I caught up via Skype with Martin Potter who is currently in Cambodia working on an online community doco project with the Bophana Audiovisual Resource Center. The ‘White Building’ is a rundown space with significant culture and history and the site of massive urban renewal. Following a filmmaker-meets-community collaborative format he has been exploring in projects over the last 5-10 years, Martin is working closely with local artists and residents to map the divergent stories of the community.
Martin has a diverse background working across documentary, television and online spaces and is inspired by the work of oral historian Studs Terkel and others who are using art and culture in really unique and inspiring ways… He’s also worked within institutions like the MRC (Media Resource Centre, Adelaide) and has recently won awards for his involvement in ‘Big Stories, Small Towns’ including the interactive community award at SXSW 2012. Martin likes to develop sustainable media-making by framing projects around the needs expressed by community, balanced with the objectives outlined by other stakeholders, for example funding agencies. He acknowledges that it’s hard to assure sustainability but in cases where projects are owned and embraced by the community and the overarching narrative of the initiative is compelling, they tend to bubble along way beyond the impetus provided by the original facilitators. He also acknowledges the pragmatic significance of ‘mapping institutional mindsets’ and a professional final product or glossy quantitative report on outcomes!
I asked Martin for his definition of ‘co-creative practice’ and after lots of discussion we ended up with a broad summary – ‘bringing new voices to screen-based narratives’. Martin pointed out that the field of products resulting from co-creative practice is also diverse, ranging across time frames from two minutes to hours; utilising moving images or purely text; in linear and non-linear formats; made in workshops by individuals and/or by groups over extended time-frames. Martin considered audiences for these participatory media projects are equally diverse – stories can be ‘narrowcast’ for family or a specific friend or alternately everyone in the world. He sees that new tools, technologies and models are excellent at facilitating personal connections through media. Martin draws on Paulo Freire, Ivan Ilich and Donella Meadows to highlight the underpinning intentions of dialogic engagement and convivial tools used to communicate within a complex system (like ‘the internet’). He’s particularly interested in systems and ecosytems in which participatory initiatives thrive. He ascribes to a theory that the goals (or incentives), the rules (or traits), and the feedback (punishments and rewards) that support or sustain the system arise from a particular mindset or paradigm. For those of you reading between the lines it might also be apparent that Martin is in the process of producing a PhD out of his reflections on participatory media!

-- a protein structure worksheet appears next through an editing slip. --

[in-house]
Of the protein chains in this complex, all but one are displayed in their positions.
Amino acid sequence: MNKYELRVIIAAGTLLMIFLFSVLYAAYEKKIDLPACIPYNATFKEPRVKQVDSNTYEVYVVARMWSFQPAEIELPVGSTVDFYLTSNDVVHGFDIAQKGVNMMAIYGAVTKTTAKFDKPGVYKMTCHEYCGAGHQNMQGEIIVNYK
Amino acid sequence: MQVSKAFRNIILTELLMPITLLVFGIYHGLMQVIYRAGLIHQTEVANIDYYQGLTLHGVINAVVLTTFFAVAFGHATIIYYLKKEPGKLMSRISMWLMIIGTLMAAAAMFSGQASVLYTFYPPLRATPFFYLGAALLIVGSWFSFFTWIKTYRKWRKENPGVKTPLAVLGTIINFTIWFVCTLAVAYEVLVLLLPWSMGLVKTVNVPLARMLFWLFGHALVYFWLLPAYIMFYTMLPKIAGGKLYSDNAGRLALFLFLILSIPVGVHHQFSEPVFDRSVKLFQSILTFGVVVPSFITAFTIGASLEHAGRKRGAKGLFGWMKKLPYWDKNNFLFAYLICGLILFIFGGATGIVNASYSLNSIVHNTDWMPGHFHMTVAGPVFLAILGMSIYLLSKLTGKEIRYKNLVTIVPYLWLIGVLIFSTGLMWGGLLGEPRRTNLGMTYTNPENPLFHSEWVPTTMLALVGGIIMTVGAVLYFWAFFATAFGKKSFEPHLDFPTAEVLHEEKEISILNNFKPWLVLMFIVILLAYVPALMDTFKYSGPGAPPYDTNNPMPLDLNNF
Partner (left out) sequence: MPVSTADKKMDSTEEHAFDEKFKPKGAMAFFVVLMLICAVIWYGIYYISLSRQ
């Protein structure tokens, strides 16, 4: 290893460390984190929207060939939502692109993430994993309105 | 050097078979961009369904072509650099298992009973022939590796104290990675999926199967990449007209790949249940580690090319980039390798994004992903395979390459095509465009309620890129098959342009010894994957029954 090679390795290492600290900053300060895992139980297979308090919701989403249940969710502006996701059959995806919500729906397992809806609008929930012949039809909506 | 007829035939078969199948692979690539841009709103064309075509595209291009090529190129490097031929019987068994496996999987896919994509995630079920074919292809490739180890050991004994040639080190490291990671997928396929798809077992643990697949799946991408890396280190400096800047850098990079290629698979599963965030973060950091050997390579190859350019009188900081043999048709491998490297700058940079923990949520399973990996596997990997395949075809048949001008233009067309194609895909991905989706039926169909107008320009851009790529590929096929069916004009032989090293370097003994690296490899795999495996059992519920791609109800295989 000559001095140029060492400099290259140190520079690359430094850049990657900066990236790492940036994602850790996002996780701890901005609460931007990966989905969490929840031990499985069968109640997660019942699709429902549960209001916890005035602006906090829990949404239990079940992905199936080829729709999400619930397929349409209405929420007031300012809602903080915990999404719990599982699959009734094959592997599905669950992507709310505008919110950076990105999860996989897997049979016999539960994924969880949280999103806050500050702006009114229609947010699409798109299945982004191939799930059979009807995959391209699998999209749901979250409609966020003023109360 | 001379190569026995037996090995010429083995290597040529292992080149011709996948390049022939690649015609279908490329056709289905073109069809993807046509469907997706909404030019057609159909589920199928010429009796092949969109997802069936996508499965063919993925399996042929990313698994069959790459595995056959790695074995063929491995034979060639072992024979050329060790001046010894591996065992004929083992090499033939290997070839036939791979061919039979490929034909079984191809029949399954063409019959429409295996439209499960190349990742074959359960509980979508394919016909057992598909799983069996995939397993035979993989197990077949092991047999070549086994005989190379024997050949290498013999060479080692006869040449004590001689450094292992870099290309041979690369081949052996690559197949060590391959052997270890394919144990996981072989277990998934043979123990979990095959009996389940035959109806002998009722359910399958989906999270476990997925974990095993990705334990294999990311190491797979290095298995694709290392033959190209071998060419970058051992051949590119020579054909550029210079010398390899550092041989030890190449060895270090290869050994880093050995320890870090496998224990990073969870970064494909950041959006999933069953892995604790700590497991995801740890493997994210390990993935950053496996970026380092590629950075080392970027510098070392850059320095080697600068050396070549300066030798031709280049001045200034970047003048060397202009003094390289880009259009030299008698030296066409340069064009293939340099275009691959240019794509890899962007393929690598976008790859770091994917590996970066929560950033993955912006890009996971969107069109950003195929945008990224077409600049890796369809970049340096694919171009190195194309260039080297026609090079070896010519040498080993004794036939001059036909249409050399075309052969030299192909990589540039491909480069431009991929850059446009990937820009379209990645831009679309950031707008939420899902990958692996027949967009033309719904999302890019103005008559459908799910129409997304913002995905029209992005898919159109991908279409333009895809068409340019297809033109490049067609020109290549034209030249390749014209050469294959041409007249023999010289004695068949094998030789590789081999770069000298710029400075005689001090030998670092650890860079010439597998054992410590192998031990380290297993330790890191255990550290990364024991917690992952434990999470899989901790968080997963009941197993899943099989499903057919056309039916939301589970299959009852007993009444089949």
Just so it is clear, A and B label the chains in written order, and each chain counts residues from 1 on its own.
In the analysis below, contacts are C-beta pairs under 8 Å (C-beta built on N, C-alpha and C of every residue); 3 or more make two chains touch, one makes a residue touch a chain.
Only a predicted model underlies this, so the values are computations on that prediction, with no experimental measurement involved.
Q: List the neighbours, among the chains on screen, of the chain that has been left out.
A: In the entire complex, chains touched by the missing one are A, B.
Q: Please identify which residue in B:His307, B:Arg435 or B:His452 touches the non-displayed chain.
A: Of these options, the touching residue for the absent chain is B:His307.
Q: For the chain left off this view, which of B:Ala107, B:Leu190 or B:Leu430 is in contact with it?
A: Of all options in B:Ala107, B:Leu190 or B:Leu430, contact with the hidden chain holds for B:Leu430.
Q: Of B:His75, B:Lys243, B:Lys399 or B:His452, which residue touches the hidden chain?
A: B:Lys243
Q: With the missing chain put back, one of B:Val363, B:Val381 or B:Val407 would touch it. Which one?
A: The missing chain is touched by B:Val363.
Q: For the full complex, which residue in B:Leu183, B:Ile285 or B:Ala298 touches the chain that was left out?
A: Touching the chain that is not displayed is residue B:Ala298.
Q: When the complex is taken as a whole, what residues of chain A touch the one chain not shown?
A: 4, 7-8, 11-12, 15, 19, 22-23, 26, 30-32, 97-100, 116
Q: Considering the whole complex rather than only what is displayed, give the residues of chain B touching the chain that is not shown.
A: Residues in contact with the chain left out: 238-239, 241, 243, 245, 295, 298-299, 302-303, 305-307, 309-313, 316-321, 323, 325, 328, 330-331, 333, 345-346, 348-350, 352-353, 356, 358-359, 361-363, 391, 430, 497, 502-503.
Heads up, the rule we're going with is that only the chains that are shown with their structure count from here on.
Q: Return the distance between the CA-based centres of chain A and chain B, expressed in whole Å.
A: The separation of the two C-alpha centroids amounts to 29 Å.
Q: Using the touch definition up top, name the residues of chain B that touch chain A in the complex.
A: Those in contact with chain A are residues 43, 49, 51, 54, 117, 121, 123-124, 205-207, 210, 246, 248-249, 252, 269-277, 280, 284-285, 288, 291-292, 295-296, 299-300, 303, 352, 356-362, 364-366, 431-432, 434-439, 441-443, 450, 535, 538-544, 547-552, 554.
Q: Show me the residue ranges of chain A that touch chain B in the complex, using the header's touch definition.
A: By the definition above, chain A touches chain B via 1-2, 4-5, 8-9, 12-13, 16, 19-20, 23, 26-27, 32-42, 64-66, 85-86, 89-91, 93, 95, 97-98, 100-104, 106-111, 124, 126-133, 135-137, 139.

We moved from this somewhat academic discussion to a refreshing evaluation of who owns the system in co-creative media production. Martin believes that someone has to ‘own’ the frame or context (although it can be co-owned) and acknowledge their authorial influence – a transparent acceptance that everything that is positioned within this frame is shaped accordingly. Beyond these acknowledgements, Martin also points out that any ecosystem has to be evolving and stay relevant in order to maintain audience engagement. He’s excited by the fact that online distribution of user-generated content means that mainstream broadcast is no longer the only means for circulating stories in the world…